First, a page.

Understanding if Dursan is Resistant to TFA in HPLC Testing Applications

The corrosion resistance of DursanÒ was tested in TFA, a common ion pairing agent in the analysis of peptides and small proteins in HPLC testing. Is Dursan resistant to TFA in HPLC testing applications? This article discusses the results.

Trifluoroacetic acid (TFA) is a structural analog of acetic acid where all three of the acetyl hydrogens are replaced by fluorine atoms. This is seen in Figure 1.

TFA is a much stronger acid than acetic acid because of fluorine’s electron withdrawing nature which weakens the oxygen-hydrogen bond. It is most often used in low concentrations as an ion pairing agent in liquid chromatography to analyze peptides and small proteins. Dursan can be used in liquid chromatography environments to provide an inert coating to the surface of stainless-steel components e.g. columns, tubing, pumps and frits. This article will explore the compatibility between Dursan and TFA and ideas for solving HPLC test problems.

This article will discuss:

  • Corrosion rate of Dursan when exposed to TFA solution
  • The compatibility of Dursan and TFA
  • Application of Dursan in HPLC
  • Stiction of TFA to Dursan vs. stainless steel

The Test

The standard DursanÒ coating was used to coat corrosion coupons. They were subjected to an immersion test, specified by ASTM G31 methodology. TFA is most commonly used in protein analysis at concentrations of »0.1% however, the foremost concern for the Dursan coating is corrosion and this is typically accelerated at higher concentrations. Therefore, coupons were exposed to 1% and 2% TF solutions for 30 days at room temperature. Coupon mass, water contact angle and film thickness were monitored before and after the 30-day exposure.

Thickness was measured on 5 points of each coupon before and after the 30 day exposure and results are summarized in Table 1 and show no appreciable loss of the Dursan coating due to TFA exposure. Figure 2 shows a before and after picture of one of the coupons exposed to the 2% TFA solution and there is no change in appearance.

The slight change in thickness is due to not measuring the exact same spot on the coupon before and after exposure. With the slight variation in film thickness that happens naturally as a result of the deposition conditions, the values appear to change.  However, these changes are all within the error of the measurement.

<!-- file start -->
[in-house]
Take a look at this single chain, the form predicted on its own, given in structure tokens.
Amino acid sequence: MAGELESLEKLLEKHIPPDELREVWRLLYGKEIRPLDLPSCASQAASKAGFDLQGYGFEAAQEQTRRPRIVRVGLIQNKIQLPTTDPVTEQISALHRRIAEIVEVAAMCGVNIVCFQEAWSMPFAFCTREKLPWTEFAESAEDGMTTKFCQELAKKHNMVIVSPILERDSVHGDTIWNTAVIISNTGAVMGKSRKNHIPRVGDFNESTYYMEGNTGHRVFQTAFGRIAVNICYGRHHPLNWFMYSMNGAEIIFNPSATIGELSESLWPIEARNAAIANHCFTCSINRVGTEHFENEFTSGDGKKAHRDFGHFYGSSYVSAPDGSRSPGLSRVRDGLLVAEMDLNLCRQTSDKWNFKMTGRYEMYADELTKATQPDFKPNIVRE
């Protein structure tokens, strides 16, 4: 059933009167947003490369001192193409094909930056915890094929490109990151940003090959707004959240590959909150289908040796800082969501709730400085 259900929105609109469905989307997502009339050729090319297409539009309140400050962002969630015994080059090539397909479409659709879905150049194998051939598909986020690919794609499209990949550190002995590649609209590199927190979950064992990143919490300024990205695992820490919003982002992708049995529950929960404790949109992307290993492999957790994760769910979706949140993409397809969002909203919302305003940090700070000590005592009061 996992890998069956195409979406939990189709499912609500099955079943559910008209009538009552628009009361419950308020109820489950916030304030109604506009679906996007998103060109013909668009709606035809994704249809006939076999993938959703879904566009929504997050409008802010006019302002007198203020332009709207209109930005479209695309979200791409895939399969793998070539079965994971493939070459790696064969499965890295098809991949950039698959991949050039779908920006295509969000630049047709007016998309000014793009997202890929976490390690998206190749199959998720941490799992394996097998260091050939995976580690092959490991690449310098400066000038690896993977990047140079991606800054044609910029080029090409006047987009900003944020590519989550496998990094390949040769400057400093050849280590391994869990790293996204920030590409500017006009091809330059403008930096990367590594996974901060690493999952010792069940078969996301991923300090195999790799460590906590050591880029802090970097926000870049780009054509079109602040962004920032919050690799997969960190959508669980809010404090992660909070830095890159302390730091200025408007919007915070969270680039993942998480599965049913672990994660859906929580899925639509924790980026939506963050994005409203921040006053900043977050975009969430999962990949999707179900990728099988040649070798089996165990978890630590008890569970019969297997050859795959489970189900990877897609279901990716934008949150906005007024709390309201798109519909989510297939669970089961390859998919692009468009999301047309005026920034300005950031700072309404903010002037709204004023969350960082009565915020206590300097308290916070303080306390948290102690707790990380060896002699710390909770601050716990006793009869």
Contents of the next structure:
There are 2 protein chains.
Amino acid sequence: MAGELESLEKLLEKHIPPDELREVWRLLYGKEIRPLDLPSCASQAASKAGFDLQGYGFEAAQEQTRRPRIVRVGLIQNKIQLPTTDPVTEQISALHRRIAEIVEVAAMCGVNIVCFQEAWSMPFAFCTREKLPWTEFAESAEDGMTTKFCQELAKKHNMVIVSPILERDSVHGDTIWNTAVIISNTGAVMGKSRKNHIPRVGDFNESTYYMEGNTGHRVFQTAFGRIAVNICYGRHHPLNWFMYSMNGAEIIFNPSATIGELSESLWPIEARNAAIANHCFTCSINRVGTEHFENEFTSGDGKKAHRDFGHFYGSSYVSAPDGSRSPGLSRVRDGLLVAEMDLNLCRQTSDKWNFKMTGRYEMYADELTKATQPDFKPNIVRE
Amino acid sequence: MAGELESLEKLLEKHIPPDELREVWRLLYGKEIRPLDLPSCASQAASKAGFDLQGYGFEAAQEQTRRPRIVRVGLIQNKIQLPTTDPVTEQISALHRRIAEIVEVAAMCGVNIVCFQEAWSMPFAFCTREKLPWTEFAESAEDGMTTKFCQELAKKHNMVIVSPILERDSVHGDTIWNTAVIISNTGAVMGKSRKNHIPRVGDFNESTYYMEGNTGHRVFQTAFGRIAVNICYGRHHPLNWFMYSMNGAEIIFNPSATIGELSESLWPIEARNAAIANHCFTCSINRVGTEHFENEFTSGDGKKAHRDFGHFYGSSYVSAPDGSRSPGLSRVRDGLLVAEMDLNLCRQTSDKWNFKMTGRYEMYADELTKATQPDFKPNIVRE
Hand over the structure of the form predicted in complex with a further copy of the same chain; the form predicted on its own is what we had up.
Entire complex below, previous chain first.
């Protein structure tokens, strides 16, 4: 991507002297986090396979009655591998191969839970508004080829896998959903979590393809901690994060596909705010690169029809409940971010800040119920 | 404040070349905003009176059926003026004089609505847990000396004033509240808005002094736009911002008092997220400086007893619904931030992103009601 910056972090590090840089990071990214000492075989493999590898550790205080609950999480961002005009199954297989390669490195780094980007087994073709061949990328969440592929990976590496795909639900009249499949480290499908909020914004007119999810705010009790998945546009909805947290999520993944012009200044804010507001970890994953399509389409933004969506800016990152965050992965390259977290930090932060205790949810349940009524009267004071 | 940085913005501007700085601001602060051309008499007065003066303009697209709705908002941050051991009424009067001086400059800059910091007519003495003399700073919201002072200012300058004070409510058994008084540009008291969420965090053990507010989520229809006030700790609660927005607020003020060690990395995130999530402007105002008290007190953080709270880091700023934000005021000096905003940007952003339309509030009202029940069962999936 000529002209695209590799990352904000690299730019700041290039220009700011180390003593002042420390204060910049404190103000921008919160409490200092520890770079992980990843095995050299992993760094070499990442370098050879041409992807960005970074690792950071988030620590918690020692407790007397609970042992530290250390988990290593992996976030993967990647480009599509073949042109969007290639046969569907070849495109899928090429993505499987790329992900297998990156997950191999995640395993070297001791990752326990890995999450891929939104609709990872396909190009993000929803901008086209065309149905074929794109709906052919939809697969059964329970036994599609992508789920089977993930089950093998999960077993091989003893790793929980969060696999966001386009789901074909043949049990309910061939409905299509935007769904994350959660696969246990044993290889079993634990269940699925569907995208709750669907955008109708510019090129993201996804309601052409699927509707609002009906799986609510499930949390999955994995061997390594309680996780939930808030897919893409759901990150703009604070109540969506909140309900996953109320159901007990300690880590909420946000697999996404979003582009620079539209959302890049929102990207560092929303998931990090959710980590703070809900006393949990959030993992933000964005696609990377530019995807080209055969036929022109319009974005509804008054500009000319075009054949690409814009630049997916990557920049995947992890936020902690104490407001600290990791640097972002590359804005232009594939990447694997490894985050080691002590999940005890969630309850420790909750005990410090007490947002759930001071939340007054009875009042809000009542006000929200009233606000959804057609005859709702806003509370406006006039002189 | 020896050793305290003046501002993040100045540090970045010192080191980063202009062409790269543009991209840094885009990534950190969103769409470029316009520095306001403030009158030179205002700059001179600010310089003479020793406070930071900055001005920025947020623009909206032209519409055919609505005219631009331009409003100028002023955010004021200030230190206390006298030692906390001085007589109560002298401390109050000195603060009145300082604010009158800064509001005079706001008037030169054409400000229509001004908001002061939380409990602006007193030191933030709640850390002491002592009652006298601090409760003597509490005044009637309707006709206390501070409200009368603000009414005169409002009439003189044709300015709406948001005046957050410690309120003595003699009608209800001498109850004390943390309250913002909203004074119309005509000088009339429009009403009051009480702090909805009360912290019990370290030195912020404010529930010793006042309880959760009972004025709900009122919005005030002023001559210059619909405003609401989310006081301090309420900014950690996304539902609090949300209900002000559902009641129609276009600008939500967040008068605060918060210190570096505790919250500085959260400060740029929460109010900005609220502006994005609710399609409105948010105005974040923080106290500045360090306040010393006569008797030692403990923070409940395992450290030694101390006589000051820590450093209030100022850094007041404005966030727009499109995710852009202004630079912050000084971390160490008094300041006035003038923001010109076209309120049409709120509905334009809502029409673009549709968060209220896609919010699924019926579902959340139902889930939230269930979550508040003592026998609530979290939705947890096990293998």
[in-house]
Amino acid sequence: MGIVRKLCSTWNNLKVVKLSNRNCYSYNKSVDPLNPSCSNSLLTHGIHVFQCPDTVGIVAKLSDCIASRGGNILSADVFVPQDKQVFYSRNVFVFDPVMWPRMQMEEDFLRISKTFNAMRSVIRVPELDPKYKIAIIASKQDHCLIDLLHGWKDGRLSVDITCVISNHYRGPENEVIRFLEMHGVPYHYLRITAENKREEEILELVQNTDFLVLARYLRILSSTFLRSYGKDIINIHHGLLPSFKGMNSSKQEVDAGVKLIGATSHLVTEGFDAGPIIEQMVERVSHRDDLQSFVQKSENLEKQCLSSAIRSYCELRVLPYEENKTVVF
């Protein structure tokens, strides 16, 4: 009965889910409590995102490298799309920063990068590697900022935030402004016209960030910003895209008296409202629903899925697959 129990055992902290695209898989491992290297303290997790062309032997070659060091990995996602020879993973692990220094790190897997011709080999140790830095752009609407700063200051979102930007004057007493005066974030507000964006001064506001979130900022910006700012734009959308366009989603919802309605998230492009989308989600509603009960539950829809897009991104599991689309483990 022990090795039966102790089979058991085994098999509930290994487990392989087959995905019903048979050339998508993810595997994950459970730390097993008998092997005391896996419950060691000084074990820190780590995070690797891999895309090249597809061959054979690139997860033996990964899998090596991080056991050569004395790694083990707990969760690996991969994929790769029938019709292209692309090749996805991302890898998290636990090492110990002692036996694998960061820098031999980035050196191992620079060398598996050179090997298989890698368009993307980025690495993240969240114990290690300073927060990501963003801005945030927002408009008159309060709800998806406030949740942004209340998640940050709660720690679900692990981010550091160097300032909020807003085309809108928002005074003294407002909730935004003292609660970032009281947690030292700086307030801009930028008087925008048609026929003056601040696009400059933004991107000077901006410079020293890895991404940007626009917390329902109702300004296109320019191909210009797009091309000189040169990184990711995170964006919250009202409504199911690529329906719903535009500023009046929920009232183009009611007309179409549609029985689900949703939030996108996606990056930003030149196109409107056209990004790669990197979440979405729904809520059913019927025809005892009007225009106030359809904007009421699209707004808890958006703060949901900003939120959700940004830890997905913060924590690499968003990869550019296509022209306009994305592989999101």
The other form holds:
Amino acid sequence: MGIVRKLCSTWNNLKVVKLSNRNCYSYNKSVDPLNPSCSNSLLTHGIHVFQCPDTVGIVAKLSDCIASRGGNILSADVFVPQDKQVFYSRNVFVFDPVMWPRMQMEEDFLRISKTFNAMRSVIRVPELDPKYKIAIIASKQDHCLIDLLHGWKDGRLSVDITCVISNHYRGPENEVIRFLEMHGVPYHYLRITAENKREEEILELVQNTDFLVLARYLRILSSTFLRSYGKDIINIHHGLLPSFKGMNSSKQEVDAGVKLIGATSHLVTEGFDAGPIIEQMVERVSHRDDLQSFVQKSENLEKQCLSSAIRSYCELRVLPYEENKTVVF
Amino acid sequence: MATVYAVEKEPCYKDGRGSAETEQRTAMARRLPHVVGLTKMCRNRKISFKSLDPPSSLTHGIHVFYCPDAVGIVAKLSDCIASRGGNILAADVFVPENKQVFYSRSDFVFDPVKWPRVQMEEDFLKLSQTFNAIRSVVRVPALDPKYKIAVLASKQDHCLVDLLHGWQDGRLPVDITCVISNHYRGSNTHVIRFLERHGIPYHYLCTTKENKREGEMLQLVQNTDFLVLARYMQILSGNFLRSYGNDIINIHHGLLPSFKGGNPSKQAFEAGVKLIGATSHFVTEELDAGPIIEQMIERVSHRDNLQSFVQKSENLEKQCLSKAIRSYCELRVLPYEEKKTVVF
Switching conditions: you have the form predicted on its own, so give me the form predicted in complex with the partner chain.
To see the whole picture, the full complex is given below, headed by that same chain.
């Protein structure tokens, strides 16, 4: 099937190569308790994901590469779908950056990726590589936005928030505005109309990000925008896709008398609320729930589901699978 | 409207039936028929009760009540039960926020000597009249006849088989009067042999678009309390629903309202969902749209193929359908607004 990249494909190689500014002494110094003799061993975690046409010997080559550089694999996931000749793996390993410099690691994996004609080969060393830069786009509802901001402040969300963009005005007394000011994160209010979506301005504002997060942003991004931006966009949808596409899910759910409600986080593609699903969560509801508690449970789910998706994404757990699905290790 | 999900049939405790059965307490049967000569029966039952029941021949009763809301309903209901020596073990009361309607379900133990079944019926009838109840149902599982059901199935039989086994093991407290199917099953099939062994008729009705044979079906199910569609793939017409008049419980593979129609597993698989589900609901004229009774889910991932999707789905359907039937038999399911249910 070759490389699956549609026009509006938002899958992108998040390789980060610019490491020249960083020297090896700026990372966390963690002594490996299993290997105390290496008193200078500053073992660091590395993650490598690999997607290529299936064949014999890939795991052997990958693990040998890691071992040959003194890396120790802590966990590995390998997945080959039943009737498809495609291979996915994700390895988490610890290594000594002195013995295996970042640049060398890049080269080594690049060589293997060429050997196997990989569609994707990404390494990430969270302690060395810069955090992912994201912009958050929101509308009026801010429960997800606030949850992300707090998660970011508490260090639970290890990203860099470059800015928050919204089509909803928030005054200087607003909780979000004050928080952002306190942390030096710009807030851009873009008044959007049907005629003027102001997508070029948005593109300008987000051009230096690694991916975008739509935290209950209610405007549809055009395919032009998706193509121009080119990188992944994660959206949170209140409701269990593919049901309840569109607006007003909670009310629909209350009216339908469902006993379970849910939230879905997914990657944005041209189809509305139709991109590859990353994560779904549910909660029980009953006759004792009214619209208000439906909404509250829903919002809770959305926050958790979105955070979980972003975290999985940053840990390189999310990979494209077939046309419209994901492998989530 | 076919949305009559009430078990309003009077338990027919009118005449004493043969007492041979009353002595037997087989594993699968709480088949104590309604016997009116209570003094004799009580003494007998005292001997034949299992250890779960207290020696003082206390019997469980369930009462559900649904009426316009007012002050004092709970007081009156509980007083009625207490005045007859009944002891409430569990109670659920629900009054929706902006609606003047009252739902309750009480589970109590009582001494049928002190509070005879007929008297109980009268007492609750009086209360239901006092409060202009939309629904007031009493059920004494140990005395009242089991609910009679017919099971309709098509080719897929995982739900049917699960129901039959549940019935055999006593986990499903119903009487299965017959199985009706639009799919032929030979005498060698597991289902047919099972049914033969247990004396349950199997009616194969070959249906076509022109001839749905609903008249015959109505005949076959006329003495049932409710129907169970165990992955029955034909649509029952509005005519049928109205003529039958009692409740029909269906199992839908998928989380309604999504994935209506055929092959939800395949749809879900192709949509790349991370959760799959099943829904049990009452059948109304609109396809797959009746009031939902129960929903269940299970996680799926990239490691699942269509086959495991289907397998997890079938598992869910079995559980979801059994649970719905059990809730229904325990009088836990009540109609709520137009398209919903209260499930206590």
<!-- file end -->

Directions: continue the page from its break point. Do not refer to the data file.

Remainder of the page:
Table 1: Comparative thickness of a Dursan coated coupon before and after a 30 day exposure to TFA.

TFA concentration Average thickness before exposure Average thickness after exposure
1% 1135 ± 28 nm 1129 ± 29 nm
2% 1128 ± 25 nm 1139 ± 30 nm

Dursan coated corrosion coupon before (A) and after (B) exposure to 2% TFA for 30 days. There is no visual difference in the appearance of the coupon.

Figure 2: Dursan coated corrosion coupon before (A) and after (B) exposure to 2% TFA for 30 days. There is no visual difference in the appearance of the coupon.

Contact Angle Measurement

Contact angle was monitored to investigate the surface chemistry before and after exposure to TFA. The Dursan coupon had a water contact angle of ~90° before exposure which is typical for Dursan. After the 30 day exposure, the water contact angle decreased to ~55° in both the 1% and the 2% TFA. This is similar to what happens when the coating is exposed to a bleach solution for 30 minutes.

Despite this change in contact angle, the Dursan surface still shows remarkable anti-fouling properties for proteins. The bare stainless steel coupon started with a contact angle of ~35° and ended up with a contact angle of ~110° after exposure to TFA, a DI water rinse, 30 minute sonication in DI water, and being dried at 230 °C. This suggests that the TFA sticks to the bare stainless steel readily and is hard to remove.

This is a well-documented problem with TFA in PHLC applications. The Dursan coupons (which saw the same post exposure conditions) show that TFA does not adhere well to the surface. This is an added benefit when using Dursan coated HPLC components for protein and peptide analysis. Want to know more about how Dursan can improve HPLC test results?

Dursan Use in HPLC

DursanÒ can be applied to most stainless steel PHLC flow path surfaces which improves corrosion resistance in inertness of HPLC systems.

Apply Dursan to:

  • Valves and fittings
  • Needles
  • Stainless steel tubing
  • Columns
  • Ampules and vials
  • Glassware

Conclusion

In conclusion, TFA does not pose a risk to Dursan coated parts. There is no change in thickness of the coating and no corrosion to the underlying substrate (in this case 316L stainless steel) during 30 day exposure to 1-2% TFA solutions at room temperature.

The contact angle of the coating does change to become more hydrophilic but previous studies have shown that this has very little/no effect on the anti-fouling properties for protein analysis. Additionally, the Dursan coating appears not to allow the TFA to stick to the surface of the coupon, where a bare coupon shows evidence of TFA stuck to the solution even after rinsing and sonication of the coupon.

This information has been sourced, reviewed and adapted from materials provided by SilcoTek.

For more information on this source, please visit SilcoTek.

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